Food Logistics: In terms of transportation, what are some of the trends you’re seeing for 2022? How do emerging technologies like blockchain, Internet of Things, cloud-based, etc. play a role in the evolution of transportation in the cold food chain?
Burke: These emerging technology and transportation trends have already existed for a couple years, but some will accelerate. Knowing which trends will become key players comes down to business needs. Many companies had a painful experience with their supply chains in 2020-2021 and will continue to bolster their supply chains to be more resilient, without adding too much cost, relying on technologies such as real-time visibility, predictive analytics and data-sharing platforms.
Another trend to consider is the pace of carbon reduction commitments. If your customer has made a carbon reduction pledge or commitment, you will be expected to help them reduce their carbon footprint. It will soon become the norm for those in the food supply chain to quantify carbon usage and articulate plans to reduce it. This may be a particular challenge for the cold chain as they will need to consider the requirements and guidelines from all the companies they partner with.
Food Logistics: Let’s talk supply chain visibility. What is your company – or what should companies – be doing to improve their own supply chain visibility?
Burke: Companies should focus on utilizing real-time visibility solutions. While they are ubiquitous now, companies may not be utilizing them to reach their full impact. Many companies are using real-time visibility solutions for creating visuals or tracking shipments on an ad-hoc basis. While this is useful, this technology can do so much more. All the information from real-time visibility solutions needs to be integrated into specific business activities, such as labor planning and customer service. This information needs to be automatically shared with the appropriate parties and combined with other data, so operators and planners can make informed decisions. For example, production planners should automatically have information about the arrival time of key raw material deliveries as they set production schedules for the following week.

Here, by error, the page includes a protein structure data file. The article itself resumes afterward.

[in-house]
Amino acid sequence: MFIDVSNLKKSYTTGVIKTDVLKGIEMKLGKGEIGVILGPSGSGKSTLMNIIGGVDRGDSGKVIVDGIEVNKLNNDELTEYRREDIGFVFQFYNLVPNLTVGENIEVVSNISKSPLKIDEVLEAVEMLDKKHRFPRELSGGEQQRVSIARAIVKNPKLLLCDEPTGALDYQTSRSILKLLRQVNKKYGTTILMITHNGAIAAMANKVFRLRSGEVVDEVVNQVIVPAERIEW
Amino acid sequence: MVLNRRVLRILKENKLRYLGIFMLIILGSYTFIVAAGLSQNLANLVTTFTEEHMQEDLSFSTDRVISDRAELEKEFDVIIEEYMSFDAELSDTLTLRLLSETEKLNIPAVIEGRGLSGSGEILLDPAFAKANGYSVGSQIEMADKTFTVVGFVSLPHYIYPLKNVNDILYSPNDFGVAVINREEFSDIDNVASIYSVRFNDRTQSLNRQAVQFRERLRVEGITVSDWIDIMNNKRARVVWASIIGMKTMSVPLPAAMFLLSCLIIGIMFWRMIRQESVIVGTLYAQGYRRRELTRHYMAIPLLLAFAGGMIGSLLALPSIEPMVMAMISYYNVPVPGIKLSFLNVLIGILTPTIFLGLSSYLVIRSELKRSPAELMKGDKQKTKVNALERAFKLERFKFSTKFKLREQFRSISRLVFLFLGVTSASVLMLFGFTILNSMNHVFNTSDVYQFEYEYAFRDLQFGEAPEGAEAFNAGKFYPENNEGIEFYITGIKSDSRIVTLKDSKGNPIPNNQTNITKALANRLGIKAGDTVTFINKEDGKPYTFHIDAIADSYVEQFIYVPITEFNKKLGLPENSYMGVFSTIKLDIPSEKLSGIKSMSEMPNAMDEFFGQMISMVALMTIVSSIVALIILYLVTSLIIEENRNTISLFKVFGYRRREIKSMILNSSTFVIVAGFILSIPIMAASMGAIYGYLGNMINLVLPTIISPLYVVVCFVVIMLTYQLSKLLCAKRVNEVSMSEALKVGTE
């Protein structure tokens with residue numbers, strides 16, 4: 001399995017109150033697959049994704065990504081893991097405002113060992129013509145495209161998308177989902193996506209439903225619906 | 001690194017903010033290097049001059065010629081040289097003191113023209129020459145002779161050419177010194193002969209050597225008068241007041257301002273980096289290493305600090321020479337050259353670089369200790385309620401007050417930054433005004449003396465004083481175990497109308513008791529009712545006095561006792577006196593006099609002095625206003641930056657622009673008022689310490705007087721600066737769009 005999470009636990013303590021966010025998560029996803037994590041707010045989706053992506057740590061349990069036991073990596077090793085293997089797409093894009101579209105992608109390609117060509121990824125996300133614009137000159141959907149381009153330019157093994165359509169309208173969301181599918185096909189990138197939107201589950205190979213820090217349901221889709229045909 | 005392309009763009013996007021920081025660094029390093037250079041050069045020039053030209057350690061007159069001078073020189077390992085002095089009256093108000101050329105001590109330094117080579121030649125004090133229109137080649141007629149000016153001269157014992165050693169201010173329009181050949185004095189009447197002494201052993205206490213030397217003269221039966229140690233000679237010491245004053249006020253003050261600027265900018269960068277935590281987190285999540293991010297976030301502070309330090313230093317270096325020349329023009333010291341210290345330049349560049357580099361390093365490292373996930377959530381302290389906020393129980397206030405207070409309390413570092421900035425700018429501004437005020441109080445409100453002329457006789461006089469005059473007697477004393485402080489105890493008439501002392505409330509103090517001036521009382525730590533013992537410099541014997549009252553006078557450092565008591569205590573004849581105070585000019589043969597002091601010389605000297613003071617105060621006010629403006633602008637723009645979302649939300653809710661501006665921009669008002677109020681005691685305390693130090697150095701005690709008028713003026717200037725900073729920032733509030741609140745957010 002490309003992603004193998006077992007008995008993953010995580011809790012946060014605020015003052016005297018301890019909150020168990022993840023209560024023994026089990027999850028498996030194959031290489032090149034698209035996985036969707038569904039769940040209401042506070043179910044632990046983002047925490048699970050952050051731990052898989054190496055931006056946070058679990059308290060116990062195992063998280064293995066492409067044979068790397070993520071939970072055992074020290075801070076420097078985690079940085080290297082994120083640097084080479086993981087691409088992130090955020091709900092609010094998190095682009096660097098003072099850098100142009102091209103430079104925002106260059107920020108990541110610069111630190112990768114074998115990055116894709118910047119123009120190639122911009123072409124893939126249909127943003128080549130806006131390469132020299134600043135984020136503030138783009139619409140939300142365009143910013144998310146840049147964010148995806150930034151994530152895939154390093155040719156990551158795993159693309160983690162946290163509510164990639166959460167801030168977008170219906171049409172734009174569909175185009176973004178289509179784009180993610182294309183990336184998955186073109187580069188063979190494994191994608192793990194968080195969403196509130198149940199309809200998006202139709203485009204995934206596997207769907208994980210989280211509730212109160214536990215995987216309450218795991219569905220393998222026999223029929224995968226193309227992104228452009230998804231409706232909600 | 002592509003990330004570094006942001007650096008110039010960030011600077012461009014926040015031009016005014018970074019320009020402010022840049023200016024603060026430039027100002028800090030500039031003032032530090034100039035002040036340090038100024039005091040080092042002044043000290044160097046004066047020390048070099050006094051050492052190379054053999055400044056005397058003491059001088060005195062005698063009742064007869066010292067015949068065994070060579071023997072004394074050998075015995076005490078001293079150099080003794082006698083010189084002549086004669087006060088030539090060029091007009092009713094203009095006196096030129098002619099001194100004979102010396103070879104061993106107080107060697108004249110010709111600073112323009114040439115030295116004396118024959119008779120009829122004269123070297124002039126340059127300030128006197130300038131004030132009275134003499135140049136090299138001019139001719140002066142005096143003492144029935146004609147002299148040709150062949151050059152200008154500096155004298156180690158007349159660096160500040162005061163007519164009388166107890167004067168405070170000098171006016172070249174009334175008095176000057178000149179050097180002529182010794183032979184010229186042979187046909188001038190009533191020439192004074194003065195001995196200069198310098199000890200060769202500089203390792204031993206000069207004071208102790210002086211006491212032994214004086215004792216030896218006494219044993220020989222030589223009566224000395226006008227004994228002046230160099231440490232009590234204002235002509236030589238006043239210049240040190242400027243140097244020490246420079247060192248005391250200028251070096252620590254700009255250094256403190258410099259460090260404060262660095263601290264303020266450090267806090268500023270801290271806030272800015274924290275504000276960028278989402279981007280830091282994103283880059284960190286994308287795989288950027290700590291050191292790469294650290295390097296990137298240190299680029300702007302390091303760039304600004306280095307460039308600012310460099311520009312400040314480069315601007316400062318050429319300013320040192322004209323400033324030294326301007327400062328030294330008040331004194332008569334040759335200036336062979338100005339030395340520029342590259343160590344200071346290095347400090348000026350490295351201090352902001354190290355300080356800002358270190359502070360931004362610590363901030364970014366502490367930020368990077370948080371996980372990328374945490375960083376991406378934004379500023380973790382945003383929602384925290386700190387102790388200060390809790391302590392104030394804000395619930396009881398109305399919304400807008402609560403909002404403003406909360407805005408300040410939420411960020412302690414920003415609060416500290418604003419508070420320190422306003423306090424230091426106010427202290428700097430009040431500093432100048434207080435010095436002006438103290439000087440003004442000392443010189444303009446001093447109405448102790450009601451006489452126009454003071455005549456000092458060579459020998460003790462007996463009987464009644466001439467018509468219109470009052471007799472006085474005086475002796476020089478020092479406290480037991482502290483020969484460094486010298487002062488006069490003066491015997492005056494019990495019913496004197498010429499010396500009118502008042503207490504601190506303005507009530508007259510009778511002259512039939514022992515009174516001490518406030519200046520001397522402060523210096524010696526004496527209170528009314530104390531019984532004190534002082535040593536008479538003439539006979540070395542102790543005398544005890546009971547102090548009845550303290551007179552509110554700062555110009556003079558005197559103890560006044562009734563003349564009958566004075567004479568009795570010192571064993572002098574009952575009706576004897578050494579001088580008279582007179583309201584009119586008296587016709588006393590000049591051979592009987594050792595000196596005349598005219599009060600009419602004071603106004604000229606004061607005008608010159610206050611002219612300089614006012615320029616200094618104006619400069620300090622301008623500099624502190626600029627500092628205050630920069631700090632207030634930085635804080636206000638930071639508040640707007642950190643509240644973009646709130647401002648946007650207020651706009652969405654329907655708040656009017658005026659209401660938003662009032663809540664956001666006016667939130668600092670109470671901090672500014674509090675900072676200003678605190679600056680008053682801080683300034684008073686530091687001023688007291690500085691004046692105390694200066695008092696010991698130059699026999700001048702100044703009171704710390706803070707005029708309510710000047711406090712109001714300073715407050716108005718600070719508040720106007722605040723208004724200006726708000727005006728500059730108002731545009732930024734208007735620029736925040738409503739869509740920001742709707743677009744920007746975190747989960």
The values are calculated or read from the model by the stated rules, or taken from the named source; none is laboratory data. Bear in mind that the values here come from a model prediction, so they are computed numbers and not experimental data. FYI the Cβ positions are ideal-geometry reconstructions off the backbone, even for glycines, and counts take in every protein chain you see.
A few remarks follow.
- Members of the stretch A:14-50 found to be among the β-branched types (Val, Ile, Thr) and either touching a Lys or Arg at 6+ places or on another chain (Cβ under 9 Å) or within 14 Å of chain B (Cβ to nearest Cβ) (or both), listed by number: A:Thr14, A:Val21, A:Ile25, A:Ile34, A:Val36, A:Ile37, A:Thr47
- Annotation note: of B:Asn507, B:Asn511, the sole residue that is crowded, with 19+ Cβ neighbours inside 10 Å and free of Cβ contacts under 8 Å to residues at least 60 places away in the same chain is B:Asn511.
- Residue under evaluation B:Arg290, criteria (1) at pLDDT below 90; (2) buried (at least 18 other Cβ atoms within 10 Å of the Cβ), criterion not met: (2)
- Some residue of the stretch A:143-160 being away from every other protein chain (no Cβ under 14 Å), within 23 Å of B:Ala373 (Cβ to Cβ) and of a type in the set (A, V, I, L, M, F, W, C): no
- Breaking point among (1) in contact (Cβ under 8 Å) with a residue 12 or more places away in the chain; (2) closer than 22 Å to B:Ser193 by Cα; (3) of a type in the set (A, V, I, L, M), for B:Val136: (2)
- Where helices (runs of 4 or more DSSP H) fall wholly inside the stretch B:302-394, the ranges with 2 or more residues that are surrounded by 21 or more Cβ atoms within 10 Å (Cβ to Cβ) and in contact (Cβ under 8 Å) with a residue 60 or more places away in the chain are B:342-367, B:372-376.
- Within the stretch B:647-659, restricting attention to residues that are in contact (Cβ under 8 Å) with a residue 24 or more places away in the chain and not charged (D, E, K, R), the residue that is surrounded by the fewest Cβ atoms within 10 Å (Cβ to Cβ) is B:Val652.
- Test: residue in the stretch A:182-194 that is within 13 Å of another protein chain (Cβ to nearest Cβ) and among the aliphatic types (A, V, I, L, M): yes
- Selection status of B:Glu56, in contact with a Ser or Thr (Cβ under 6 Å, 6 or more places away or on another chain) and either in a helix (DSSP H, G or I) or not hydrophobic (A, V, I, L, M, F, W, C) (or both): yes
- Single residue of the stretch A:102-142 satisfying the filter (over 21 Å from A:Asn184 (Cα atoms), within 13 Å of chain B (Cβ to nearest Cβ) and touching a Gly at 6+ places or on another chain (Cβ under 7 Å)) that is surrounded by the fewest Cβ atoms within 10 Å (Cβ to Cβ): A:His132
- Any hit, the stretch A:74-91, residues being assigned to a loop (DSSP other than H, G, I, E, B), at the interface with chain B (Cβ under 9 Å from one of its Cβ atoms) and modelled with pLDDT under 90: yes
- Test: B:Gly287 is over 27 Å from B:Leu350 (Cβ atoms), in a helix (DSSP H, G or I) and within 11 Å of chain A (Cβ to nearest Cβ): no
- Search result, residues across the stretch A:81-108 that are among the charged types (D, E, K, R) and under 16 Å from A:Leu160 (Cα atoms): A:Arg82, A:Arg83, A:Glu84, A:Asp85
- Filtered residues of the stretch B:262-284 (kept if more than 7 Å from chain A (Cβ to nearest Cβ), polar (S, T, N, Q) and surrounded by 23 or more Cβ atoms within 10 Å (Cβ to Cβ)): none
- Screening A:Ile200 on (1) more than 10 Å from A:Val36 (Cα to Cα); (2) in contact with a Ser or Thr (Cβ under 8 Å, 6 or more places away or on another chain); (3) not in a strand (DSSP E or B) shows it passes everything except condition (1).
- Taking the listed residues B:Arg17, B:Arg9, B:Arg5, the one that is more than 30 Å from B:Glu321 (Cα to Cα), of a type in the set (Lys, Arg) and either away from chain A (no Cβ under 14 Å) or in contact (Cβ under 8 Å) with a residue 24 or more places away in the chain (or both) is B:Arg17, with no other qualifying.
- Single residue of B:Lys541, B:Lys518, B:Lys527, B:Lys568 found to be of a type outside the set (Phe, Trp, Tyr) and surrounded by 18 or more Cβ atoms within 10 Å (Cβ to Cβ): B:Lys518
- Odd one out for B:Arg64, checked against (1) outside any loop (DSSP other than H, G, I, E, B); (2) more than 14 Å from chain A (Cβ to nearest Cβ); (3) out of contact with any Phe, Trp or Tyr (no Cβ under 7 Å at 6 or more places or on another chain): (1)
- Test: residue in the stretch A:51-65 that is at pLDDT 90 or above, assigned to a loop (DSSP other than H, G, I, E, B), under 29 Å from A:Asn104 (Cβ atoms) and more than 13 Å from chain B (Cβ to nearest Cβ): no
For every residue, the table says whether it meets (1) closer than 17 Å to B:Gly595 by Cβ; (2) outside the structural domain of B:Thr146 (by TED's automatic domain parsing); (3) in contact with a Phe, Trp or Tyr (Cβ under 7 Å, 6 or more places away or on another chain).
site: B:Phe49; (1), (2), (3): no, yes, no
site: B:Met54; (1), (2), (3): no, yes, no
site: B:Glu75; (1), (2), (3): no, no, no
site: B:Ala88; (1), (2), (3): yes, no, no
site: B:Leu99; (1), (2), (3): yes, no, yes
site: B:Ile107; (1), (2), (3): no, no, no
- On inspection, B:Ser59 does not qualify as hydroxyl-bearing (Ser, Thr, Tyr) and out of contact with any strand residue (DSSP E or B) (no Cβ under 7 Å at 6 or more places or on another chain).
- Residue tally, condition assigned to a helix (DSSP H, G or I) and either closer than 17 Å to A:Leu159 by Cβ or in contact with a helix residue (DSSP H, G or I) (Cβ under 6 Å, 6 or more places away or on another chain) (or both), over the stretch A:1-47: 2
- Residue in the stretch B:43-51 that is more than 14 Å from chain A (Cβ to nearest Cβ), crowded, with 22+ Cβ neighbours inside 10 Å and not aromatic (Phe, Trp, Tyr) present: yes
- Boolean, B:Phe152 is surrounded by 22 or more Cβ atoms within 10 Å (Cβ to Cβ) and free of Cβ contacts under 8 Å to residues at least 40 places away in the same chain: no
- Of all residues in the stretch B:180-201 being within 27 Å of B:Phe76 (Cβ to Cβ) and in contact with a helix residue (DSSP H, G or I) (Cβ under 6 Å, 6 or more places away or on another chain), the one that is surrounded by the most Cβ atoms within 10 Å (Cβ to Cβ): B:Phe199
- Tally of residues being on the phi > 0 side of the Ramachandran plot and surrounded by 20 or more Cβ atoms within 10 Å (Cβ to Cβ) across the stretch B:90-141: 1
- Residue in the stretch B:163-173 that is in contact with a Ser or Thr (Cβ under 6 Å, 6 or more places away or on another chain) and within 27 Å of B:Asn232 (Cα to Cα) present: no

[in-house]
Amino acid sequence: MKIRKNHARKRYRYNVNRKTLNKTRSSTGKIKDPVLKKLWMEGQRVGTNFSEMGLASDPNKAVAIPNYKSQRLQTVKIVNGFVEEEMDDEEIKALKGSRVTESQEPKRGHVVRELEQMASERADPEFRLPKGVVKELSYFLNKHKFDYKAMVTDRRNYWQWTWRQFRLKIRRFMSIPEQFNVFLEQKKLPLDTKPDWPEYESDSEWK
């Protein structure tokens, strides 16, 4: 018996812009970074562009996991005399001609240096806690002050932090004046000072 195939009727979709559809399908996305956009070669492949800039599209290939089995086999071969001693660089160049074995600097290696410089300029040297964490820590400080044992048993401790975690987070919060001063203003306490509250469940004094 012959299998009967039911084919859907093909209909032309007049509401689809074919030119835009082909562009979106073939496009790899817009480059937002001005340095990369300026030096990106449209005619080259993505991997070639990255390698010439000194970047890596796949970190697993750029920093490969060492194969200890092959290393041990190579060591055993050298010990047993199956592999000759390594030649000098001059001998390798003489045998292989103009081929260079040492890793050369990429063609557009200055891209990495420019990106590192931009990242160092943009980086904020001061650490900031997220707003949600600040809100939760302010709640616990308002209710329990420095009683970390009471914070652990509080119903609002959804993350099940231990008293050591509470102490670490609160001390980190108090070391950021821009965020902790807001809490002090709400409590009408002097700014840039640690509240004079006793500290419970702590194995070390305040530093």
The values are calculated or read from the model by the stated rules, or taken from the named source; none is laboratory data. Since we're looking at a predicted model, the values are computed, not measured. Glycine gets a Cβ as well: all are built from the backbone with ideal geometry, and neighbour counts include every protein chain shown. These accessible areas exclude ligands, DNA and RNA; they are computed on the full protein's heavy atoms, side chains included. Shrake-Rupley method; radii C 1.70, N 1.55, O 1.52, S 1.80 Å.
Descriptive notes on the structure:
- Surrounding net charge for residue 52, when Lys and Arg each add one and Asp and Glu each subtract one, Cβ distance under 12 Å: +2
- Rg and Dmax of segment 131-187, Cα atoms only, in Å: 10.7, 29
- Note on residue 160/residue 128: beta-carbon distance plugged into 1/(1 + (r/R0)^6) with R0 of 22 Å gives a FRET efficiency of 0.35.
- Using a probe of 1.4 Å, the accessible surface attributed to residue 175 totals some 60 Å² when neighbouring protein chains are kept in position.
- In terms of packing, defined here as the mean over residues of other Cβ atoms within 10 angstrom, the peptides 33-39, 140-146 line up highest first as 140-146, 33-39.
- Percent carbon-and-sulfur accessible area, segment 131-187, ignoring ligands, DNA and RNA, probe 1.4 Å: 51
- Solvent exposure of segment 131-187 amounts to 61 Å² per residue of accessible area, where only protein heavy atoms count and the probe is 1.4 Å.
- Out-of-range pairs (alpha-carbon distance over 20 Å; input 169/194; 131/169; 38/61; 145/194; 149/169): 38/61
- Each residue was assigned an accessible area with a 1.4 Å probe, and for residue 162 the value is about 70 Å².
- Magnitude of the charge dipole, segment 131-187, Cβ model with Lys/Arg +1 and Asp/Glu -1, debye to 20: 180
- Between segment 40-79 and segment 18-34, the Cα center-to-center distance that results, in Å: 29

Food Logistics: The labor shortage is a real thing, and it’s impacting several facets of the supply chain. What is your company – or what should companies – be doing to hire, onboard and retain good quality supply chain workers?
Burke: Unfortunately, there’s no easy answer or quick solution to the labor shortage problem in the supply chain. The most impactful thing companies can do in the short term is to work harder to keep the people they already have. This does not mean “lowering the bar” by any means. Most workers want to be engaged during their workday, develop their skills, and have flexibility. Companies should focus on equipping managerial talent with what they need to be great coaches for their direct reports, examining their employee value proposition, supporting high performers, and giving them more responsibility while also providing employees the right amount of flexibility.
Food Logistics: What are some things not addressed above that may be pertinent to our readers?
Burke: It will be very interesting to see how the changing nature of work impacts our food industry. While many people are physically back at work, not all are. For many people, more days will be spent working from home, either by choice or company policy. People’s eating habits and preferences may differ depending on whether they are home or at work. Food companies have an interesting opportunity to appeal to that, and to cater toward those differences. Whatever types of products win this new working dynamic will, of course, have to be supplied. So that will have supply chain implications for raw materials, manufacturing capacity and packaging types.
[CLICK HERE to read the article in full].